They warned that the courts were being transformed from a shield to protect religious freedom into a sword to coerce particular religious undertakings -- in this case, the granting of a Jewish divorce.

Second, this judgment signals that gender equality may be crystallizing into a trump right in relation to religious freedom. The Supreme Court of Canada seems to be drifting towards the construction of an implicit hierarchy of rights, with gender equality at the pinnacle.

A healthy dose of suspicion should greet proposals to elevate "gender equality" as a leviathan right ruling over other basic rights. For many, such equality should bleach out all reference to sex difference in law and public policy. Yet, many faiths -- including not only Judaism, but also Islam and Catholicism -- retain a strong affirmation of the significance of sex difference.

If our highest court is willing to wade in on the issue of the Jewish get, one wonders whether this signals that judicial activism is now ready to take on religion.

(Daniel Cere is assistant professor of religion, ethics, and public policy at McGill University.)

Catholic Leader Rejects Israel's Jewish Identity


Israel's identity as a Jewish state discriminates against non-Jews, its top Roman Catholic clergyman said in a pre-Christmas address on Wednesday in Jerusalem.

"If there's a state of one religion, other religions are naturally discriminated against," Latin Patriarch Michel Sabbah told reporters at the annual press conference he holds in Jerusalem before Christmas. In his address, which he read in Arabic and English, Sabbah said Israel should abandon its Jewish character in favor of a "political, normal state for Christians, Muslims and Jews."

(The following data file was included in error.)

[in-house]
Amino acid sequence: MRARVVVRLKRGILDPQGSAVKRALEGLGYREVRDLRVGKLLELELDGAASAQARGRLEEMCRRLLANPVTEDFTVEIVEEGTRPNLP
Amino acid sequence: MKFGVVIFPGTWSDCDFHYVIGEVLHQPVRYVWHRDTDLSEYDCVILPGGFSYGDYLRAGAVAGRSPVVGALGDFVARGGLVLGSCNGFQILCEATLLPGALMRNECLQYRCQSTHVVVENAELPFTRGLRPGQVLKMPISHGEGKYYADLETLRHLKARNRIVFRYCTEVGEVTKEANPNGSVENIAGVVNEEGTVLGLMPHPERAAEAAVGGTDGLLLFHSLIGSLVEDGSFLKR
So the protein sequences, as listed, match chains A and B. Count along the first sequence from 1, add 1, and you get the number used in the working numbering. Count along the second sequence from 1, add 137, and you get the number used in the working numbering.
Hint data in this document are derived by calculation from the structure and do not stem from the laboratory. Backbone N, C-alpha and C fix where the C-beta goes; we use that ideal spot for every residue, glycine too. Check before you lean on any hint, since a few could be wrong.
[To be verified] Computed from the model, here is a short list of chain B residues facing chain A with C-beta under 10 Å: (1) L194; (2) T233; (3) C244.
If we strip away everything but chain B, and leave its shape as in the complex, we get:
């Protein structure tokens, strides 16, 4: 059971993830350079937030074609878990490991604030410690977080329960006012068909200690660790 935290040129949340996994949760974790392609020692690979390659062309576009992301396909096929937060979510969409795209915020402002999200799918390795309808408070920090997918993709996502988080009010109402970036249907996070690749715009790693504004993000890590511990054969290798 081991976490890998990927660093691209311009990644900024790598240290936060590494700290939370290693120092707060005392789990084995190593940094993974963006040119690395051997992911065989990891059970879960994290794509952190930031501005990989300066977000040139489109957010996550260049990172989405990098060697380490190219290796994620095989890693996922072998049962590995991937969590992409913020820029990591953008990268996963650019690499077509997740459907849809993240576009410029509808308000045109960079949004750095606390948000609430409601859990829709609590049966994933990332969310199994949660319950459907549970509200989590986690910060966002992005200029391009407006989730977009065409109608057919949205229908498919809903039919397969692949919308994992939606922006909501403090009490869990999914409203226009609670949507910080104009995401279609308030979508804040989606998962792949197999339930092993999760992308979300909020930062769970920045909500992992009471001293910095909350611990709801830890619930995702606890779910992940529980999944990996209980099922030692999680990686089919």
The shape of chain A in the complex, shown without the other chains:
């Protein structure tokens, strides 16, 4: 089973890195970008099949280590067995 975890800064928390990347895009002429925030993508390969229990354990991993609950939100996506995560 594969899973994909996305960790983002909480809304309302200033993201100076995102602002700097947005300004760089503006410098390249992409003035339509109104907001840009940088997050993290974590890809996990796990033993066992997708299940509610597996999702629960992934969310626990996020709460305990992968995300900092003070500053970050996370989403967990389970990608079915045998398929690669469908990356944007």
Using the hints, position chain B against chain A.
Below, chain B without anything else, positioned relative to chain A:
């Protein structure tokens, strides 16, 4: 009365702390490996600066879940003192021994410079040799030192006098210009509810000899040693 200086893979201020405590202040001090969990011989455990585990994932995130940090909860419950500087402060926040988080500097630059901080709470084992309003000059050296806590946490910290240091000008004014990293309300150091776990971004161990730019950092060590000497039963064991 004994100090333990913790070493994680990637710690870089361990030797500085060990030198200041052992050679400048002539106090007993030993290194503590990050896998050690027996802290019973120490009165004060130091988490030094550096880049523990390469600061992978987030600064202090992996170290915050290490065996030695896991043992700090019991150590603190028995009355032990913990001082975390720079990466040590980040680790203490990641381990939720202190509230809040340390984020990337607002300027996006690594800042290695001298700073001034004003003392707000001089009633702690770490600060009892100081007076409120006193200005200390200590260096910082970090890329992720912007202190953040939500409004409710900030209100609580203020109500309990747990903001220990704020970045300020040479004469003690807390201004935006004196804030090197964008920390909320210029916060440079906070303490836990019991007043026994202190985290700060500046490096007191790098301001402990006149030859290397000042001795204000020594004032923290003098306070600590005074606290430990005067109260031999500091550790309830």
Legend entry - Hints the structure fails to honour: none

Sabbah denounced Israel's demand to be recognized as a Jewish state by the Palestinians and said "God made this land for all three of us, so a suitable state is one who can adapt itself to the vocation of this land.

"This land cannot be exclusive for anyone," he said, adding that the Israeli-Palestinian conflict had unleashed "forces of evil" across the Middle East and that it was Israel's obligation, as to end the warring. "The one who will decide is Israel. If Israel decides for peace, there will be peace… Until now, there has been no peace, simply because there has been no willingness to make it."

Sabbah expressed hope for peace in the Holy Land and urged both sides to shun violence, whether "carried out by the state or by extremists."

Arye Mekel, a spokesman for Israel's foreign ministry, said Israel provides full religious freedom to people of all faiths. "We reject his claim that other religions are not enjoying equal rights in Israel." Israel has long pointed out that other countries call themselves Islamic republics and are not criticized.

Sabbah, who has been the Latin Patriarch of Jerusalem since 1987, is the first Palestinian to hold the post and is frequently critical of Israel. He also lashed out at Israel for visa restrictions he said were unfair to Christian clergy.